Tantalum-Containing Meso-Porous Glass Fibres for Hemostatic Applications
Novel tantalum-containing meso-porous bioactive glass (Ta-MBG) powders, developed via the sol-gel process, have demonstrable hemostatic properties. However, powders can create dust in the operating environment and may be washed away if profuse bleeding occurs. Powders may not adequately compress wound tissue, and in certain circumstances, a thick callus can form, which is challenging to remove. Fibrous forms of MBGs offer advantages over powders for hemostatic applications, yet they appear comparatively under-researched. In this study, Ta-MBG compositions were successfully designed and fabricated into fibrous mats using electrospinning. State-of-the-art imaging techniques were used to investigate the mats. The individual fibres were ∼300 nm in diameter and contained porosity (1−50 nm). There was also micrometre-sized -porosity (1−2 μm) – this constituted the pore space between the matted fibres, unlike the Ta-MBG powders, which comprised of uni-modal channels (pore size: 4 nm) within the particles themselves. Hierarchical micro-nano porosity is known to enhance the activation of coagulation proteins. The surface area and pore volume of the fibrous mats were a maximum of 61 m2 g−1, 0.23 cm3 g−1 compared to 374 m2 g−1, 0.27 cm3 g−1 for powders. The surface area is an important property facilitating blood fluid sorption and enhancing clotting. The measured zeta potential of the fibres was more highly-negative than that of powder; a highly-negative zeta potential can provide a stable matrix for hemostasis. Overall, the texture of the fibrous mats, the easily-accessible micron-sized pores, the presence of tantalum, the hierarchical porosity, the favourable zeta potential, and the naturally biomimetic architecture are important attributes which make the fibrous mats developed here an attractive alternative for hemostatic applications.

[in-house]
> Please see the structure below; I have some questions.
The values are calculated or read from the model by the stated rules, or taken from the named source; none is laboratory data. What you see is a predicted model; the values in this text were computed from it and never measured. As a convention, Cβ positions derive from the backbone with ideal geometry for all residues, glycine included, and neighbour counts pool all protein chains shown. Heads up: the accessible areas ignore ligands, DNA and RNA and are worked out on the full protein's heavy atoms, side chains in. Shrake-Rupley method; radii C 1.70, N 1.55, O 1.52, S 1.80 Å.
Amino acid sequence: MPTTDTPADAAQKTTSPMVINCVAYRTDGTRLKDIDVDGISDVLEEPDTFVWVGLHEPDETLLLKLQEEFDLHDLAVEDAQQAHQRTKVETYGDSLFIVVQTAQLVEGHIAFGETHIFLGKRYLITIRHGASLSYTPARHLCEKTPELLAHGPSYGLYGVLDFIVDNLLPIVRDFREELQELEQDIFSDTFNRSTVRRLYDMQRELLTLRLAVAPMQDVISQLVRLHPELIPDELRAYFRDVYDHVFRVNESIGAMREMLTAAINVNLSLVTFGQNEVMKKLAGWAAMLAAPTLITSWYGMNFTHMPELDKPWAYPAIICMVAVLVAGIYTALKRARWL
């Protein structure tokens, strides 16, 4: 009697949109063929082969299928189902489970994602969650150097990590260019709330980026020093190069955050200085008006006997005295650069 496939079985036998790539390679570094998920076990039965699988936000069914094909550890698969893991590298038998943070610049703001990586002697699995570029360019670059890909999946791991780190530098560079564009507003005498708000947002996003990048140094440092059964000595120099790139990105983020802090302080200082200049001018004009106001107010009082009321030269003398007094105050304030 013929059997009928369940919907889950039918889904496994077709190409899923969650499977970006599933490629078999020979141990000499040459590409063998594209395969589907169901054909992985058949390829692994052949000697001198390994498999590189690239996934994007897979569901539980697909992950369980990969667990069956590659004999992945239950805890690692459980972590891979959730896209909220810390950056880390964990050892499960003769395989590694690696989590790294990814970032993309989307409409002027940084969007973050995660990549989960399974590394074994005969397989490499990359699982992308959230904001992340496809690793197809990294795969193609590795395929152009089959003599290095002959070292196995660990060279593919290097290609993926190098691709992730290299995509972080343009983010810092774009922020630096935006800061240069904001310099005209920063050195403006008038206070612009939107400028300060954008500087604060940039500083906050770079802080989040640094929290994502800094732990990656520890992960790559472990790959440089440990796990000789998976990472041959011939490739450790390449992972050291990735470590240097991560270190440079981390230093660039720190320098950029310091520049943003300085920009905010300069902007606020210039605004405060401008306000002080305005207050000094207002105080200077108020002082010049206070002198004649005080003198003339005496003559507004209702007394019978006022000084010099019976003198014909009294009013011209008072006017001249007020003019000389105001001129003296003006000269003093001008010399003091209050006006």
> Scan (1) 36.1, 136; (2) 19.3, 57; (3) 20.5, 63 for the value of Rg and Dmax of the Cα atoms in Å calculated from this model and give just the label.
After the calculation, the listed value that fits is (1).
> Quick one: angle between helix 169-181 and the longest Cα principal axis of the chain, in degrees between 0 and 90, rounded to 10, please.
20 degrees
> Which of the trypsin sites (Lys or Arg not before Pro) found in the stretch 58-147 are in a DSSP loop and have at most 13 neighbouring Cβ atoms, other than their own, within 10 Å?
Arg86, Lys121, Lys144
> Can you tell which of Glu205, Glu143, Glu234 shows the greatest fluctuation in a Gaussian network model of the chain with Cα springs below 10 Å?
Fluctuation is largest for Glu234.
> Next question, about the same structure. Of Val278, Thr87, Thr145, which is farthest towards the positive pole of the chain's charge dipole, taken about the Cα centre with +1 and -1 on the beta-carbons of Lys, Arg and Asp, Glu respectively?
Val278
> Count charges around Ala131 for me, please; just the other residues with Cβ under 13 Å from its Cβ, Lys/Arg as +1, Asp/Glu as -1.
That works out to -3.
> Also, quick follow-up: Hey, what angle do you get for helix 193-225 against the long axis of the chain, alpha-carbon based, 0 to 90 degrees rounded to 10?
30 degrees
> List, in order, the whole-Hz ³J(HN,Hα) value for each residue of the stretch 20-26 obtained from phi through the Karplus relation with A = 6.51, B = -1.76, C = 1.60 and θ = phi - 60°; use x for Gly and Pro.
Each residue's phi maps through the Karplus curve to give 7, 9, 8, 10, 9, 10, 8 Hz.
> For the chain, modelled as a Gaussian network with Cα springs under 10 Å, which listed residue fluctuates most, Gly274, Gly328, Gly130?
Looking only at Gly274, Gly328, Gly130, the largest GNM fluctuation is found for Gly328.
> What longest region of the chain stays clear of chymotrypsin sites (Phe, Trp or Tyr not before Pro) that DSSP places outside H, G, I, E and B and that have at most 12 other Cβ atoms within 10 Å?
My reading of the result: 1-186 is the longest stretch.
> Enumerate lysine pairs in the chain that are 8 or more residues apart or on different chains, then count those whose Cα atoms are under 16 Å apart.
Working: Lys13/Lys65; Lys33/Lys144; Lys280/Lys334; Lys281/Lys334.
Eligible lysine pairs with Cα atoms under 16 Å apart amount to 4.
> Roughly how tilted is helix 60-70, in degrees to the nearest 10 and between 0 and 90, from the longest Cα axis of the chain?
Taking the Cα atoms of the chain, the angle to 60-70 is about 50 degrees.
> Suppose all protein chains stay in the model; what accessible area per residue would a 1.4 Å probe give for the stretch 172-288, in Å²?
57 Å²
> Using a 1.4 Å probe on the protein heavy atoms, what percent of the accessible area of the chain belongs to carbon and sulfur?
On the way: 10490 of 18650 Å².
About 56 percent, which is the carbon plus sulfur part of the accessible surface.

M. Nagrath et al., "Tantalum-Containing Meso-Porous Glass Fibres for Hemostatic Applications," Materials Today Communications, vol. 27, article no. 102260, Elsevier, Jun 2021.
The definitive version is available at https://doi.org/10.1016/j.mtcomm.2021.102260
Chemical and Biochemical Engineering
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01 Jun 2021
Canadian Institutes of Health Research, Grant 366716